Yichun, Jiangxi to Seattle, Washington
Age at Adoption: 1 year
Interests: Cooking/Baking, Traveling, Listening to music
When did you realize your story is different?
For as long as I can remember, I knew I was adopted. My parents were always open to discussing my adoption and never made me feel bad for asking questions about it. I could also tell my story was different because my family celebrated my Gotcha Day (the day that I met them and was adopted), which none of my friends knew about or celebrated.
How was your experience growing up?
I am lucky to say that I grew up in a pretty diverse neighborhood, but growing up, I have found it difficult to relate to my peers whose parents were first-generation Chinese immigrants. They spoke Chinese at home with their parents and celebrated all of the traditional Chinese holidays, and I was always a bit jealous that my parents couldn’t speak Chinese to me and that we never really celebrated the Chinese holidays. As much as I tried, it seemed my Chinese skills were never as good as my Chinese peers. A lot of the time I felt embarrassed, especially when I traveled back to China, that my Chinese was not very good.
My sister is also a Chinese adoptee, and it has been nice having another person in my household who has the same background, but my sister has never been as interested in that part of her identity as I have been. Growing up, and even now, people would think my sister and I are biologically related, but we are not. That assumption never really bothered me in my youth, but now I put more effort in clarifying that my sister and I were born in two different Chinese provinces.
How does your community view adoption?
In my local community, adoption seems relatively common, but it is not often acknowledged nor discussed. Thankfully no one has teased or bullied me for being adopted, but growing up, I did receive weird stares and comments like, “That’s your mother?” when I was out with my white mother, which bothered me a lot.
What have you learned from your experience? How has it affected you?
In the past couple of months, I have begun to understand the importance of having a safe and supportive community for adoptees. As an adoptee, I have grown up with a lot of unknowns in my life in terms of my family background, and it has been nice to be able to talk to people who have experienced similar thoughts and feelings as me.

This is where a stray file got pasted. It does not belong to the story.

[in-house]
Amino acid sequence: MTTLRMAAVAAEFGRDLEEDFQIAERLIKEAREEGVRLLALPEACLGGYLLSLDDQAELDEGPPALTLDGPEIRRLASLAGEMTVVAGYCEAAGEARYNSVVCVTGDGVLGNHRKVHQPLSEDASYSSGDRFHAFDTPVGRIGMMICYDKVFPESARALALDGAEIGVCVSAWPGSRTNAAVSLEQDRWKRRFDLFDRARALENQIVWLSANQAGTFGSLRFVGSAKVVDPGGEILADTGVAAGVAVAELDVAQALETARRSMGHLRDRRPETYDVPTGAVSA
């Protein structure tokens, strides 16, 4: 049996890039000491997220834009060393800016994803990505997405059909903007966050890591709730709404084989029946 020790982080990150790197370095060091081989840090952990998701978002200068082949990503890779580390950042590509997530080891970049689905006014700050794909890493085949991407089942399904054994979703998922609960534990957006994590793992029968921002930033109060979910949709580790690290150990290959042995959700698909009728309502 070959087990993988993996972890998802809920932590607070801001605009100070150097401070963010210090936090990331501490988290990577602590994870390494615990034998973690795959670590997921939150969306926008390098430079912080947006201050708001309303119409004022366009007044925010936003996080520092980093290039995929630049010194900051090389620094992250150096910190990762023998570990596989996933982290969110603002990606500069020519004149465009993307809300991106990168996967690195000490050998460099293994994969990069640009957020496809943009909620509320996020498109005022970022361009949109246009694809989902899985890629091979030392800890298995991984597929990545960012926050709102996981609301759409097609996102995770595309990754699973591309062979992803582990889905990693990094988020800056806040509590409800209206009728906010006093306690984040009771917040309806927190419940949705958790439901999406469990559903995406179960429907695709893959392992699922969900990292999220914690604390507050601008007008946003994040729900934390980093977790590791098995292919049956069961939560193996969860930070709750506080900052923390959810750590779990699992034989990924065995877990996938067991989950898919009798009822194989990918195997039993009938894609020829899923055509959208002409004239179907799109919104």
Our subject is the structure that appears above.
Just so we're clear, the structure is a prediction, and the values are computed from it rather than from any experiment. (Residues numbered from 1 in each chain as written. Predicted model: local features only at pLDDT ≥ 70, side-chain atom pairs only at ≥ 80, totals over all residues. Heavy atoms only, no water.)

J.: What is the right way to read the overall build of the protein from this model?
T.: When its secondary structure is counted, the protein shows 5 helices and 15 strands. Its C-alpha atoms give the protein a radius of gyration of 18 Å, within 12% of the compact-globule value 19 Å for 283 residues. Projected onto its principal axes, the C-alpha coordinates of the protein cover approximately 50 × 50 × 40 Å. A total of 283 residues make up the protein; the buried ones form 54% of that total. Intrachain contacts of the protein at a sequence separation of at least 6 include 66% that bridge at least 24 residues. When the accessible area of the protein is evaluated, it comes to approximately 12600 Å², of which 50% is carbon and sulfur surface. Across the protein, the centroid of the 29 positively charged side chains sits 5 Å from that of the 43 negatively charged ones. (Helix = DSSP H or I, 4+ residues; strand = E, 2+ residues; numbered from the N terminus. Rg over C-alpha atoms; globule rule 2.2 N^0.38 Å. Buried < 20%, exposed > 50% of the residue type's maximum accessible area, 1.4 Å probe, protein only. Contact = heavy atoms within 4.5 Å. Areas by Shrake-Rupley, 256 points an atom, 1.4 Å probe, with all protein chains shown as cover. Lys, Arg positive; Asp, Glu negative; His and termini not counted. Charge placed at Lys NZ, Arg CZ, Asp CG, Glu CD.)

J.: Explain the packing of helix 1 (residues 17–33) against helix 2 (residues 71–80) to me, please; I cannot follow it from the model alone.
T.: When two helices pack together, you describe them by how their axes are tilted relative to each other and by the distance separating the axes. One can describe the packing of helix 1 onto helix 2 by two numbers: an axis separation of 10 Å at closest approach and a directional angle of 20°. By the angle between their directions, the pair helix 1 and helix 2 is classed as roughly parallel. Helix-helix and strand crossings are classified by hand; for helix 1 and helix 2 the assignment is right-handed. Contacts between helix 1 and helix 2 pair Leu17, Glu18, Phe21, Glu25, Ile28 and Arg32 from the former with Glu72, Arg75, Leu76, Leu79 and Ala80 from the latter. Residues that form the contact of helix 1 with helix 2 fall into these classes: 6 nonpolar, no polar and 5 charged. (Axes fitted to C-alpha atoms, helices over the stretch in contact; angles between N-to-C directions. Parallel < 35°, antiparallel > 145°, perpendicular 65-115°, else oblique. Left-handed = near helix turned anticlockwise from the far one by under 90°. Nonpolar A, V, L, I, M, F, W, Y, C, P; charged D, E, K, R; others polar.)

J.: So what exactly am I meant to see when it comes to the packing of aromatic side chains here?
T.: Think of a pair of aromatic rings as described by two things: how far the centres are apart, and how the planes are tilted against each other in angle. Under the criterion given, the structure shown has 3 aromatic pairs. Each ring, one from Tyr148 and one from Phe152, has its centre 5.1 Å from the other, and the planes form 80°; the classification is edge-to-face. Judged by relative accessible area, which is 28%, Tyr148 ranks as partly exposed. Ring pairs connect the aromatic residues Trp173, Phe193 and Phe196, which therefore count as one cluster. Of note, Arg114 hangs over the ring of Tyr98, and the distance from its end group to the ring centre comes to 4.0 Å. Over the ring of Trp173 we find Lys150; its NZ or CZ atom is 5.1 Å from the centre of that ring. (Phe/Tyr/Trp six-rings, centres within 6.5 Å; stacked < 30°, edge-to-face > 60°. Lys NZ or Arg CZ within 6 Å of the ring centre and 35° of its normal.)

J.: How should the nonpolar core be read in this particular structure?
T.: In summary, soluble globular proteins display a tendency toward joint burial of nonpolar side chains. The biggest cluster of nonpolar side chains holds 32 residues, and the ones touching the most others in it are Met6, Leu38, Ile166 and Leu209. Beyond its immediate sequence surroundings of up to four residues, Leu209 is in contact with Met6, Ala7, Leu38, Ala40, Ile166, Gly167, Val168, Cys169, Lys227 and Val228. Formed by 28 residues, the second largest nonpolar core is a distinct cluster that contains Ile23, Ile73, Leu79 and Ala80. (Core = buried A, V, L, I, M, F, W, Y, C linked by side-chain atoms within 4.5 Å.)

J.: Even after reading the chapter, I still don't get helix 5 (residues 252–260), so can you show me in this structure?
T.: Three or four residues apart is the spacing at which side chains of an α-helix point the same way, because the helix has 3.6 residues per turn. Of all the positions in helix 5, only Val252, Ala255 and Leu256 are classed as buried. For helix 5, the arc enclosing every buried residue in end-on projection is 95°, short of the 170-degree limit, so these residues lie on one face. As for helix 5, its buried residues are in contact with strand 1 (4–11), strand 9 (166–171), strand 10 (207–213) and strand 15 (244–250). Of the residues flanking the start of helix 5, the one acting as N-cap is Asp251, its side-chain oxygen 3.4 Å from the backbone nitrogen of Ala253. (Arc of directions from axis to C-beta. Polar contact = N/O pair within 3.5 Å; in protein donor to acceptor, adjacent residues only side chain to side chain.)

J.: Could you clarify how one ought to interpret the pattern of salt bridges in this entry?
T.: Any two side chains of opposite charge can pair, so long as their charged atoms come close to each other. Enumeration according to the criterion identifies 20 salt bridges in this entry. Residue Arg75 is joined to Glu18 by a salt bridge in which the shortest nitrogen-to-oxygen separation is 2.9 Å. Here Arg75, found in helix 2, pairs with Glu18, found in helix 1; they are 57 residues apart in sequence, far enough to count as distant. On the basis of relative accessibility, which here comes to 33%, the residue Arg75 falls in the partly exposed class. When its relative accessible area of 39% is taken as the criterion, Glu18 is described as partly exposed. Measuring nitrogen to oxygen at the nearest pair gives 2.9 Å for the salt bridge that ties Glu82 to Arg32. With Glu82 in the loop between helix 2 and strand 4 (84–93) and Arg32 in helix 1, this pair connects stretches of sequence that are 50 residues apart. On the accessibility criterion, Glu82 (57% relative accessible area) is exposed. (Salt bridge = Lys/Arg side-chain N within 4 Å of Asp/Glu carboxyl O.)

This past August, I started Sisters of China, a community organization dedicated to uniting female Chinese adoptees of all ages by providing them a safe space to share their stories, discuss challenges, and celebrate their heritage. I have enjoyed being able to bond with the members through various online platforms like Facebook, Zoom, and Discord.
What is something you would like non-adoptees to know?
Adoption is different for every adoptee. While my experience as an adoptee has overall been positive, I know that other adoptees have other opinions and thoughts about their experiences as an adoptee. Please do not assume that we all have the same ideas about adoption.
Also, non-adoptees should refrain from reminding adoptees to be grateful that they were adopted. Just because we were adopted into a different family does not mean our life in our adopted country is perfect. Many adoptees still experience trauma from being adopted.
How do you want your story to impact others?
When I was younger, I used to brush off being adopted because I felt like it made me stick out, and I just wanted to fit in with the rest of my peers. But in the past year, I have begun to embrace my Chinese adoptee identity more because I have seen other Chinese adoptees have pride in their Chinese adoptee background. I hope by sharing my story, I, too, will be able to inspire other Chinese adoptees to share their own experiences.